ALBINISM - don't discriminate
"As a person living with albinism, people tend to think that I'm different from them. They don't realise that there is nothing different about me; only my skin colour is lighter than theirs."
These touching words was part of an essay with which Mitchell Chuan, then a Grade 12 learner at Lushikishiki Senior Secondary School in Limpopo, won the 2005 Albinism Society of South Africa essay competition on albinism.
September is Albinism Awareness Month. During this month the Department of Health provides information on albinism to make people more aware of what this condition is about.
People living with albinism face a lot challenges like being discriminated against or called names because of their skin colour. This happens because there are still many mistaken beliefs about albinism. For example, some people still believe that albinism is some form of punishment from God. Others believe that a woman who gives birth to a baby with albinism has slept with a white man. This is not true and people with albinism should to be treated exactly the same as everyone else.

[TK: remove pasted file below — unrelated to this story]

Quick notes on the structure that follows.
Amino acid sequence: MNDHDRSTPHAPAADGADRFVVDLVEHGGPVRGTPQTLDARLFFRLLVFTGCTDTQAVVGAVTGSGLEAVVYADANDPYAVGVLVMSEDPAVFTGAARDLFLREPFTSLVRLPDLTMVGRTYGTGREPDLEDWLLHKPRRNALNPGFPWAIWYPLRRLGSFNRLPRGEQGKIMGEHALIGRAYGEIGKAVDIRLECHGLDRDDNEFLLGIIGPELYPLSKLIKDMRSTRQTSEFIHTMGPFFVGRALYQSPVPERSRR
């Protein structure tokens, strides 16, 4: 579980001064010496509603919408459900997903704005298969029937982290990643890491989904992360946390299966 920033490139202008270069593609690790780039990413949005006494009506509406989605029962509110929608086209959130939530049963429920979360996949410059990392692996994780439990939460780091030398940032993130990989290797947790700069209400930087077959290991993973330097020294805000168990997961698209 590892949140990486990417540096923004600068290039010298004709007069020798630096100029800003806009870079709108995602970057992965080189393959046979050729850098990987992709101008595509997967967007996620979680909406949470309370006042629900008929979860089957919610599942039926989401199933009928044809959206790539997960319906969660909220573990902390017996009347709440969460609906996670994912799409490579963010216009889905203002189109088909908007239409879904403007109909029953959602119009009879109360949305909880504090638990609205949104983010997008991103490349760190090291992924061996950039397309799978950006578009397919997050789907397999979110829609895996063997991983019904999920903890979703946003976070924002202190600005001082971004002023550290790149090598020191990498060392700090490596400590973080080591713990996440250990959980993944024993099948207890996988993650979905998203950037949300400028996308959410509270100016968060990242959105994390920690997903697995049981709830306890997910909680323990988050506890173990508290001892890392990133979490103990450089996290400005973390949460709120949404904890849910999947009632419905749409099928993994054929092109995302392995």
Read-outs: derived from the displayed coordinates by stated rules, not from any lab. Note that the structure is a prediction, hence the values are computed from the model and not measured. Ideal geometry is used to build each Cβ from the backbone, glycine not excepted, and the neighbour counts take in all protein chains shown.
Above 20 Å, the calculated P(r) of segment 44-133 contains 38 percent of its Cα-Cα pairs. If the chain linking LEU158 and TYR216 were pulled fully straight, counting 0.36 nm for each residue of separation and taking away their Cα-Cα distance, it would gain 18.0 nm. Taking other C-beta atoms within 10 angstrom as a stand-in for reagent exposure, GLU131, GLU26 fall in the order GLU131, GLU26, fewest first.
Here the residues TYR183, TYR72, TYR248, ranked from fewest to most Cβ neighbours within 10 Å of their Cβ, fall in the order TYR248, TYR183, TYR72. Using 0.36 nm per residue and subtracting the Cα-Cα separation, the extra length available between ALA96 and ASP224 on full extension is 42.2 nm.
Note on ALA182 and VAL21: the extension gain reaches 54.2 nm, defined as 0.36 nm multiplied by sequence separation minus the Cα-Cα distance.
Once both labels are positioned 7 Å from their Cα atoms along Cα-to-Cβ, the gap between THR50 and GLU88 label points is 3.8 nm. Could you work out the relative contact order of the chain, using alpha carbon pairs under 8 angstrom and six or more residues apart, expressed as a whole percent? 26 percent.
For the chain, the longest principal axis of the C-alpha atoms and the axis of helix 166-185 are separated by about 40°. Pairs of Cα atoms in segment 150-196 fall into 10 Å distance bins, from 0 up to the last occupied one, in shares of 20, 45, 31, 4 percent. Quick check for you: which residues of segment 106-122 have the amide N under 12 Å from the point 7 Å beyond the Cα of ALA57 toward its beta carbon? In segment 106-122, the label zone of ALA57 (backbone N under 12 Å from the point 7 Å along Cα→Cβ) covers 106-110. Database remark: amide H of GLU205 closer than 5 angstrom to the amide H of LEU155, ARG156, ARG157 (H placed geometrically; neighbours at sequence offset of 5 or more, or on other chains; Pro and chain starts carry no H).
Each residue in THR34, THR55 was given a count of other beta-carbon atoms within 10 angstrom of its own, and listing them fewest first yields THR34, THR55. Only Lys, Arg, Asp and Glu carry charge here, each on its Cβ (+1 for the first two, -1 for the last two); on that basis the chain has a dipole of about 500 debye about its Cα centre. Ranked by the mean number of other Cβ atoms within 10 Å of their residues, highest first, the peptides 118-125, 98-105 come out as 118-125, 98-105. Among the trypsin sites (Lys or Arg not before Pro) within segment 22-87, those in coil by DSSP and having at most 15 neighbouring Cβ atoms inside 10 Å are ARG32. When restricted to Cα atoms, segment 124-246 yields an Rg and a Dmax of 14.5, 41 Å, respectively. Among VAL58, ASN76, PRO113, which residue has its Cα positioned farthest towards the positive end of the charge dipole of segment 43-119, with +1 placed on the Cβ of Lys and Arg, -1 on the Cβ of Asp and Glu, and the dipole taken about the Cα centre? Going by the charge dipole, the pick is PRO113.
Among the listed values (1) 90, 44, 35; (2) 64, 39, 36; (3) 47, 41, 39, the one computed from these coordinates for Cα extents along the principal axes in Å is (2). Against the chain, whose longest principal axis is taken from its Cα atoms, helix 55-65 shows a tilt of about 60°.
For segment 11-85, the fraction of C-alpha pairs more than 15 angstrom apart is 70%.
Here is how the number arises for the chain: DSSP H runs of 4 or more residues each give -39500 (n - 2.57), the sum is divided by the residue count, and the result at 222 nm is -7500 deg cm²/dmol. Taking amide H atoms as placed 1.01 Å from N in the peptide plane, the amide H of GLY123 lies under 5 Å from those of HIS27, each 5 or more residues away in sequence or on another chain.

What is albinism?
Albinism is an inherited condition. This means it is carried over from past generations by parents to their children. It is caused by a fault in the skin pigment or colour called 'melanin'. This leads to a loss of colour in the skin, hair and eyes.
It happens when both parents carry one faulty and one normal gene. Genes are units in the body that parents pass to a baby before it is born. When a baby inherits two faulty genes, one from each parent, albinism is the result.
Some facts about albinism
- Albinism does not affect a person's intelligence.
- Albinism can cause problems with eye-sight.
- People with albinism are very sensitive to strong light.
How to prevent skin and eye problems
- Avoid direct sun on the skin at all times.
- Protect the skin and eyes by wearing dark glasses, wide hats, long-sleeved shirts and long trousers.
- Apply sun-screen creams to areas of the skin that are in the sun.
- Go to a skin specialist (a doctor who is an expert in the treatment of skin problems) regularly, especially if you have sores that do not heal quickly.
- Ndivhuwo Khangale